Understanding your strength and conditioning program

Howdy Riptide Athletes!  As you know, Najeeb and I are always doing our best to create a program that not only yields physical results, but mental results as well.  We thought we would take this time to go over our current training cycle and shed a little light onto exactly what our aims are due to questions like… “When are we going to do more OLY lifting?”, “Why are we doing so many squats?”, “Can’t we do more abs?”.   In order to fully understand our response to these questions, lets first break down why we cycle on and off of strength, endurance, skill, core, etc…


This is now our second week of a brand new strength cycle.  There are lots of squats (front and back) supplemented with clean complexes, lunges, and squats on squats…  This cycle will last 6-8 weeks, focusing on volume and technique.  As you can probably tell, we are using most of the class time to focus on static strength lifts with a little skill sprinkled in the warm ups and occasionally throughout the wods (double unders, HSPU, muscle ups etc..) and short simple metcons (metabolic conditioning, aka WODS) to close out the session.  We need to separate strength cycles from endurance cycles because your body will not be able to retain your strength results when fatiguing it with cardio and burning off too much body weight during a cycle.  Let’s face it folks… Weight moves weight.  If we are trying to focus on losing weight while trying to build muscle, its counter effective and you will not yield consistent results in strength or body composition.  So this is why cycling your strength and cardio/endurance is so important.

Once our strength cycle is complete, we need to let our bodies rest and begin to work with our newly developed strength.  We now redirect our focus towards a new cycle of endurance and cardio​, around January​.  If we were to keep lifting heavy and never cycle off of strength, our body actually gets weaker.  YES! WEAKER!  Think about it… Heavy lifting is very taxing to your body and nervous system.  After a while, without rest from any one thing, your body will begin to breakdown, get injured or stop performing how it should.  Then, during these new cardio and endurance cycles, we get our body used to moving weight under time constraints for a different type of stimulus.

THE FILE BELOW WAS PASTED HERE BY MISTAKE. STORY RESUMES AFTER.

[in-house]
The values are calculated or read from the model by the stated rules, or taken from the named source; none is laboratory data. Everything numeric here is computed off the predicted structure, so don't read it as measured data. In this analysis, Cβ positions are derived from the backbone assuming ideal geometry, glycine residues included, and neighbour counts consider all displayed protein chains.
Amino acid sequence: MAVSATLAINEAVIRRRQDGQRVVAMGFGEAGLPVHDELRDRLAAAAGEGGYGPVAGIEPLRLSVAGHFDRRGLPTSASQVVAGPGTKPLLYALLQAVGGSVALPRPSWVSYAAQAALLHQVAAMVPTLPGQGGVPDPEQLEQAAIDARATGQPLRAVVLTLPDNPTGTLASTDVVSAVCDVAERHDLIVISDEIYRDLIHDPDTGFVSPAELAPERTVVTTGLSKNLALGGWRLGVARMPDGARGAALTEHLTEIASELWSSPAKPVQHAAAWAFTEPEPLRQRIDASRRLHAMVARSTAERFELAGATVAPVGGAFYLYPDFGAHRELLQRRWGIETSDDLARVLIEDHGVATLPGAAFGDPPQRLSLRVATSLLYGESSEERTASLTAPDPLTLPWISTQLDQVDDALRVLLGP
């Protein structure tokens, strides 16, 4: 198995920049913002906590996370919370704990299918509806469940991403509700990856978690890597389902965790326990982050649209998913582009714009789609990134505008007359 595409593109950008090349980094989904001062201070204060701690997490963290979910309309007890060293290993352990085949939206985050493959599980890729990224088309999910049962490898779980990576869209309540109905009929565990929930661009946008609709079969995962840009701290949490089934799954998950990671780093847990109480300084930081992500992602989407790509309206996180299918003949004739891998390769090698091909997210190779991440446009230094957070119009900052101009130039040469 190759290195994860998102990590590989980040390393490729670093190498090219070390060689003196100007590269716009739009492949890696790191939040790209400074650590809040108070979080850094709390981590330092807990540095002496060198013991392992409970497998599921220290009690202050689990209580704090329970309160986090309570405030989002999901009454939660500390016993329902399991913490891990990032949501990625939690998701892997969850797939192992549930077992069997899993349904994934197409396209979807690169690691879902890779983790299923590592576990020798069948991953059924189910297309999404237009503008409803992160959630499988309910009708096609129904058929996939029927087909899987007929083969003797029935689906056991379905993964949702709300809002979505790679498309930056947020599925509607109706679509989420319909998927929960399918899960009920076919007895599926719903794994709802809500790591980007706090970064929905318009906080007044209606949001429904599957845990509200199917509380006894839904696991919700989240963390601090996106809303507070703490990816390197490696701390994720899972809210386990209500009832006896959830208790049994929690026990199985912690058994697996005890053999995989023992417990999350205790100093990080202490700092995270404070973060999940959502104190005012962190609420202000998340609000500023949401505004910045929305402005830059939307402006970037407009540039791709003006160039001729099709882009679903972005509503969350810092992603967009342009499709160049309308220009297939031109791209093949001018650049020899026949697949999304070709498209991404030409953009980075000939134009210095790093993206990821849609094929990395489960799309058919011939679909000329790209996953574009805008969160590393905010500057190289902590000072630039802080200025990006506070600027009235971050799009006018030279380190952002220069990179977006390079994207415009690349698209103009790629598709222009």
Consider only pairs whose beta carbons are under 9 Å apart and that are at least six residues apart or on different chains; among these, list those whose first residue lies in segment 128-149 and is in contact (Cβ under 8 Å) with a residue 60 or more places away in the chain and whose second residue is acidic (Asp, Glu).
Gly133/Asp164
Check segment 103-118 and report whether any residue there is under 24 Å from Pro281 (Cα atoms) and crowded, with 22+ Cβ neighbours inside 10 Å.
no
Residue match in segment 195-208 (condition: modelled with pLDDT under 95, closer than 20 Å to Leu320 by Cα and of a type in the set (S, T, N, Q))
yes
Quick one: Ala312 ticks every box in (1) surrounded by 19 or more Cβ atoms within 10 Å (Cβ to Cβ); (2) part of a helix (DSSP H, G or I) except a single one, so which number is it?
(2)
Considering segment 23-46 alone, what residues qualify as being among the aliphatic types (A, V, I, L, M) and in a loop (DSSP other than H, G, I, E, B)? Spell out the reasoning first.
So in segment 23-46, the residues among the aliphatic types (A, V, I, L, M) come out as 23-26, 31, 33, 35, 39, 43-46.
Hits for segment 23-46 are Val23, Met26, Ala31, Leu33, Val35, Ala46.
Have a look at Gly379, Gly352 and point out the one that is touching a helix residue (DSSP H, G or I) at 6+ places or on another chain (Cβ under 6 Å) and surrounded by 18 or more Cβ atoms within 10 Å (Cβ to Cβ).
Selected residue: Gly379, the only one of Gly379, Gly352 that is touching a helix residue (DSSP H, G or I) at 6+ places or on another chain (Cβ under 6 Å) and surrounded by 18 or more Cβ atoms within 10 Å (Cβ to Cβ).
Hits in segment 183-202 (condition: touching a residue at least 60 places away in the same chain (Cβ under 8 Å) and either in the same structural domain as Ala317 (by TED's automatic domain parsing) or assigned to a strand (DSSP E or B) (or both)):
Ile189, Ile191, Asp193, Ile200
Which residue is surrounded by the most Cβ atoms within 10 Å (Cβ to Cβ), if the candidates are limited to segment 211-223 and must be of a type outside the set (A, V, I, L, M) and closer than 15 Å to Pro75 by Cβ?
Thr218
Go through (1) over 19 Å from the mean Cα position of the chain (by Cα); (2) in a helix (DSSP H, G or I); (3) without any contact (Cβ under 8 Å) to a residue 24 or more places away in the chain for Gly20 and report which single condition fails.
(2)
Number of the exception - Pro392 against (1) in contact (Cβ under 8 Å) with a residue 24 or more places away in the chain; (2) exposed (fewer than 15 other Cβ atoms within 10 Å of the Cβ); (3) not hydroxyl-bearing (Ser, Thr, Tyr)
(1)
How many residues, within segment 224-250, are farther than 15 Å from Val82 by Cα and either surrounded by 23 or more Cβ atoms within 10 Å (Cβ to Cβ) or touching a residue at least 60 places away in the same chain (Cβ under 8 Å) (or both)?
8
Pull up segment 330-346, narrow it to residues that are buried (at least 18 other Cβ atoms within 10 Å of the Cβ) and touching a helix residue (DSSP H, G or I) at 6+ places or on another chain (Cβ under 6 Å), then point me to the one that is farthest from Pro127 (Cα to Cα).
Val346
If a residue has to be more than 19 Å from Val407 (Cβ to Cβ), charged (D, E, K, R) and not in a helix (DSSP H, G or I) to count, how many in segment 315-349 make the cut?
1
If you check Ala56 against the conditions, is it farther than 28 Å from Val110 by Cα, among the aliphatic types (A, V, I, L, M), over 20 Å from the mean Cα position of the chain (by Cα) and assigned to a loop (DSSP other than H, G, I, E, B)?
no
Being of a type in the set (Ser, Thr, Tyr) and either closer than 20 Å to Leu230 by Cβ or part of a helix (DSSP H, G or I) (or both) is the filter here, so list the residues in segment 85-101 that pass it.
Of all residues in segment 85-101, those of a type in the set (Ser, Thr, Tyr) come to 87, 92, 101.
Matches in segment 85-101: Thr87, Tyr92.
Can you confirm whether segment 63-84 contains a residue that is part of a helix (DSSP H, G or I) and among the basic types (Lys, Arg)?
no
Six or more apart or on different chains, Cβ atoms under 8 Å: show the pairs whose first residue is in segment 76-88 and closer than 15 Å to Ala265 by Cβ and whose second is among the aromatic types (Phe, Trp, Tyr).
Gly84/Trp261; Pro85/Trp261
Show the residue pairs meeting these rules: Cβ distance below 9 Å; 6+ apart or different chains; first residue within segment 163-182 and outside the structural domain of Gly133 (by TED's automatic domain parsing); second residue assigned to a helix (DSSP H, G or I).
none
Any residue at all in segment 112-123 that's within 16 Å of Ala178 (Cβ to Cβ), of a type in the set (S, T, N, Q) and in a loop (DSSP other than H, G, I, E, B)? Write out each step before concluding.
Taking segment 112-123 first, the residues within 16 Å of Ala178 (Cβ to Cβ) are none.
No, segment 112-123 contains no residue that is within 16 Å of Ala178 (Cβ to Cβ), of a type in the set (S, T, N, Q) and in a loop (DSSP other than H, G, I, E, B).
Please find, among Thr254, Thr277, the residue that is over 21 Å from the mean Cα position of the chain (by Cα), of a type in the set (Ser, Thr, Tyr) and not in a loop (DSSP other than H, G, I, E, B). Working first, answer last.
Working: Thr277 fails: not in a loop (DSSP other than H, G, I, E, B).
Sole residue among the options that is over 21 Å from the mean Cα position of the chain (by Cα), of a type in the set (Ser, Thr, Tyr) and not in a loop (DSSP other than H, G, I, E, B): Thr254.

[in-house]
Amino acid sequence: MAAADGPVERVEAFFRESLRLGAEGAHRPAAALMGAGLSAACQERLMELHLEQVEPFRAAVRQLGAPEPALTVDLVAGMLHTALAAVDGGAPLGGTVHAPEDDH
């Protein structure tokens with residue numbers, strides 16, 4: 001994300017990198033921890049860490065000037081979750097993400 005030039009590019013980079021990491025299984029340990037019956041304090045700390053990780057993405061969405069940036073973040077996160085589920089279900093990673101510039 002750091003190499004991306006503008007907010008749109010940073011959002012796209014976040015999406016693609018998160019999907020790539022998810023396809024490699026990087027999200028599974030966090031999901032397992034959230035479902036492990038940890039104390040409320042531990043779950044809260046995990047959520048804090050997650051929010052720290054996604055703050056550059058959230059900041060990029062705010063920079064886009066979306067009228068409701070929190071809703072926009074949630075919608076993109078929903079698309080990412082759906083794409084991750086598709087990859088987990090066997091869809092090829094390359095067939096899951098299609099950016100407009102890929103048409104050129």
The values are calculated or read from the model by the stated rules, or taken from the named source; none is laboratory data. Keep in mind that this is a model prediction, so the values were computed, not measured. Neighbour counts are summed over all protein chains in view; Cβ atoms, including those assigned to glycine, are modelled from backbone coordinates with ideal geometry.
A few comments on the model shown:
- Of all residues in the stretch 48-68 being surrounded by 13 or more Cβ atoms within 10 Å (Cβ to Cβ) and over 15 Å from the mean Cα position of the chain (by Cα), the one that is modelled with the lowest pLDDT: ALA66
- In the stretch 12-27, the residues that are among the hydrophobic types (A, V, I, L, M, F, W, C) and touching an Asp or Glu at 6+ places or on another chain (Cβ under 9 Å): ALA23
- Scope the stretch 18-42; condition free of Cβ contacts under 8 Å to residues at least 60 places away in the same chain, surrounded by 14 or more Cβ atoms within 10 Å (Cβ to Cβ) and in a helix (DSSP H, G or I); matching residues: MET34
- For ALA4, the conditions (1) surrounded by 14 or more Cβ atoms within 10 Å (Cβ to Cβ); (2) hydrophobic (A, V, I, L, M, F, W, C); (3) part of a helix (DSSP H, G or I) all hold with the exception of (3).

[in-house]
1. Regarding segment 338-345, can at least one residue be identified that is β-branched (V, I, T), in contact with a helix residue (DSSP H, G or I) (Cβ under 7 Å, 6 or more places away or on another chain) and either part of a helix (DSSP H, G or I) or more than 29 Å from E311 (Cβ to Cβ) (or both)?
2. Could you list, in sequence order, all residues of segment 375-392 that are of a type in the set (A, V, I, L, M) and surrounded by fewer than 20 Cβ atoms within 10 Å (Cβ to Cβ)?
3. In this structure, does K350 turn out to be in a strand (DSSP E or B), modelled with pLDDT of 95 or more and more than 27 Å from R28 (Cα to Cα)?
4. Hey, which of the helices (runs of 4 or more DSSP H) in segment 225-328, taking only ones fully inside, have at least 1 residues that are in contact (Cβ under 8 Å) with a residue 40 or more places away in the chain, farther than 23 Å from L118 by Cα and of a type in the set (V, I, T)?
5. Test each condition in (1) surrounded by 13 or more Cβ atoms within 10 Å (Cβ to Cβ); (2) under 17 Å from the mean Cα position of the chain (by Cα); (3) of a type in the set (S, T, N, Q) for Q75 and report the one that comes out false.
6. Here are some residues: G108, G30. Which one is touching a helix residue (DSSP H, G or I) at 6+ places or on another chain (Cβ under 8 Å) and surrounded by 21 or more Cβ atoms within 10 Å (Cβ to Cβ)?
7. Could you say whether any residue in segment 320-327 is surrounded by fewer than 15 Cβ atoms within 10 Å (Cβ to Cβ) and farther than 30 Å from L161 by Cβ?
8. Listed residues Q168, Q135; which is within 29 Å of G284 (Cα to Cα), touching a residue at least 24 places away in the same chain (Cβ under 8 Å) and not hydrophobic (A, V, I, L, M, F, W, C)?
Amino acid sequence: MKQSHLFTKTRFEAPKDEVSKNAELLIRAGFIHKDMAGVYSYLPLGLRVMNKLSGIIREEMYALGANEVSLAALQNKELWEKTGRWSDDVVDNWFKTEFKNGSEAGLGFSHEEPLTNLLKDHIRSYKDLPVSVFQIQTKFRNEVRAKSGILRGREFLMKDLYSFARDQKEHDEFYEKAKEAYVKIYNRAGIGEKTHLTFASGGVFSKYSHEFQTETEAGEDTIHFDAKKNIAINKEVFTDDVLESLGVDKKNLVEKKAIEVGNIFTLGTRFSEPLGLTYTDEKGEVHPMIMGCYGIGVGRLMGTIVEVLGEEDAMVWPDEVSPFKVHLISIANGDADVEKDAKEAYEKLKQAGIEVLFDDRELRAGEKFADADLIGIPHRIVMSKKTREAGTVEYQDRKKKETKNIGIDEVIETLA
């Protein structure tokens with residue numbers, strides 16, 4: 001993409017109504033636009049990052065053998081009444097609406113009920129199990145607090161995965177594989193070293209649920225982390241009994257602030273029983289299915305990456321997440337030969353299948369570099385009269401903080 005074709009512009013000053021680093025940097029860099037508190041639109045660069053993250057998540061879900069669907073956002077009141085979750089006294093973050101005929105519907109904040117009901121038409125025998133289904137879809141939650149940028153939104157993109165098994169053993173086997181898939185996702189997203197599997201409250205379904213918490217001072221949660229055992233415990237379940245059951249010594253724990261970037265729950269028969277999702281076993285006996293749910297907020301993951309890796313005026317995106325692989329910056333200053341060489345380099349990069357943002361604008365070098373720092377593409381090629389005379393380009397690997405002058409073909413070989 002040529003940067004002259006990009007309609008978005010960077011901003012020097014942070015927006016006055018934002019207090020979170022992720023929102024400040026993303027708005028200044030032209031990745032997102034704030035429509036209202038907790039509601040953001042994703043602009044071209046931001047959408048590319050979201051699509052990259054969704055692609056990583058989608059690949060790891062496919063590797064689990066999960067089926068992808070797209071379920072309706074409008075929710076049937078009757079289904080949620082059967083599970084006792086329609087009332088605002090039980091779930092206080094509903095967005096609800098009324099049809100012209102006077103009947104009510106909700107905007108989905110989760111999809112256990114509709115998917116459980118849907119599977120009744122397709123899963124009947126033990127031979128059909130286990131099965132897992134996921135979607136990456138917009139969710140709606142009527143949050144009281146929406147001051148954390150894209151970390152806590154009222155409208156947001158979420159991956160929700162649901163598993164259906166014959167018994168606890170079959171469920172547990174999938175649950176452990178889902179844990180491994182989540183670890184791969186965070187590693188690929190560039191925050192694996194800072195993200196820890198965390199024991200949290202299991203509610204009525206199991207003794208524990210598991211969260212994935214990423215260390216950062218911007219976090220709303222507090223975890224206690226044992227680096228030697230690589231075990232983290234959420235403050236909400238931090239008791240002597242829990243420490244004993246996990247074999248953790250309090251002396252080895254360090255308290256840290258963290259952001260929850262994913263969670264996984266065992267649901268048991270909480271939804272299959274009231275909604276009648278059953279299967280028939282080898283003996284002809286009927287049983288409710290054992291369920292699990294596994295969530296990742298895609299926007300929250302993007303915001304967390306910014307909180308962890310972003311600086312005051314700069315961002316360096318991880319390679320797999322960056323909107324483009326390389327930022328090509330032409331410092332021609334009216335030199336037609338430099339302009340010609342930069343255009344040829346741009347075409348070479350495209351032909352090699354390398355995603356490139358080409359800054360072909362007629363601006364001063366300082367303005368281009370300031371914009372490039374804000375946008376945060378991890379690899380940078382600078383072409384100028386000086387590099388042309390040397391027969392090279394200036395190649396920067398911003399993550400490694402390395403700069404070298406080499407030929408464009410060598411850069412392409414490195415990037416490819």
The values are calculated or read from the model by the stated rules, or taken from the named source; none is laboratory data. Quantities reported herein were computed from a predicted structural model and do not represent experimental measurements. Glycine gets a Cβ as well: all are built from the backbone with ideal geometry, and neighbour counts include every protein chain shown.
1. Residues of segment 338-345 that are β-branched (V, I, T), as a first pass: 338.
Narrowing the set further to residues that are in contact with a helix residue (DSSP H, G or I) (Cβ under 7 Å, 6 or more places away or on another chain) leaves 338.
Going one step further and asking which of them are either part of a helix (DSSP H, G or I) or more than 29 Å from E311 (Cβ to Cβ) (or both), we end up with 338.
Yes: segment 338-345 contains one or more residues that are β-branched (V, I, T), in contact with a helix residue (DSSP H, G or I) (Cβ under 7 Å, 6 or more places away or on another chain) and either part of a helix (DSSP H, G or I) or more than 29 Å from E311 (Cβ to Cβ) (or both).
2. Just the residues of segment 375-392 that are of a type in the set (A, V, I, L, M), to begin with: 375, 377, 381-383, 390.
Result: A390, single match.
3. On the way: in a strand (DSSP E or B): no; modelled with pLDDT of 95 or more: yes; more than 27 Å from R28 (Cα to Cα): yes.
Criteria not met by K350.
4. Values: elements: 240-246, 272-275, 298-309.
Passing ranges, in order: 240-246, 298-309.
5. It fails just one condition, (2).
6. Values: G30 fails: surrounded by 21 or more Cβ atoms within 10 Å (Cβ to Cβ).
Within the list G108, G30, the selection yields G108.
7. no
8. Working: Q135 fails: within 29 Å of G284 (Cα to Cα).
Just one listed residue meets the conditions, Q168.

Why should we care about our 1 rep max (1RM)?  If you pay close attention to the prescribed weights of a metcon (WOD) you will understand that those weights are “working percentages” of our 1RM.  What’s a workable percentage?  A workable percentage is a weight or load that your body can consistently move/lift/push/pull without having to compromise speed and intensity during a workout.  How do you figure out how to scale a workout that has a 185lb clean in it when you can’t clean 185lbs?  The answer is, you scale it based on a percentage of your 1RM or your “workable weight”.  Your workable weight is generally about 55-65% of your 1RM.  So for example… Our WOD today has 10 power cleans @ 200lbs… I know that my 1RM power clean is only 100lbs.  So from that 100lbs I will scale it down to 65% of that and do my WOD with 65lbs on the bar.  This is a general rule of thumb for scaling weight during a workout.

So what are we really doing by completing a strength cycle?  By the end of the cycle, we are increasing our 1RM in order to increase our workable weight percentage to be able to lift heavier weight at a consistent speed during our metcons (WOD).  So now after 5 weeks of a strength cycle, my new 1RM power clean is 125lbs…  which means that my new workable weight is somewhere around 80lbs instead of 65lbs.  Now I have increased my weight during the WOD while keeping my intensity high and not slowing down during my workouts.  This is tried, tested, and proven to yield results.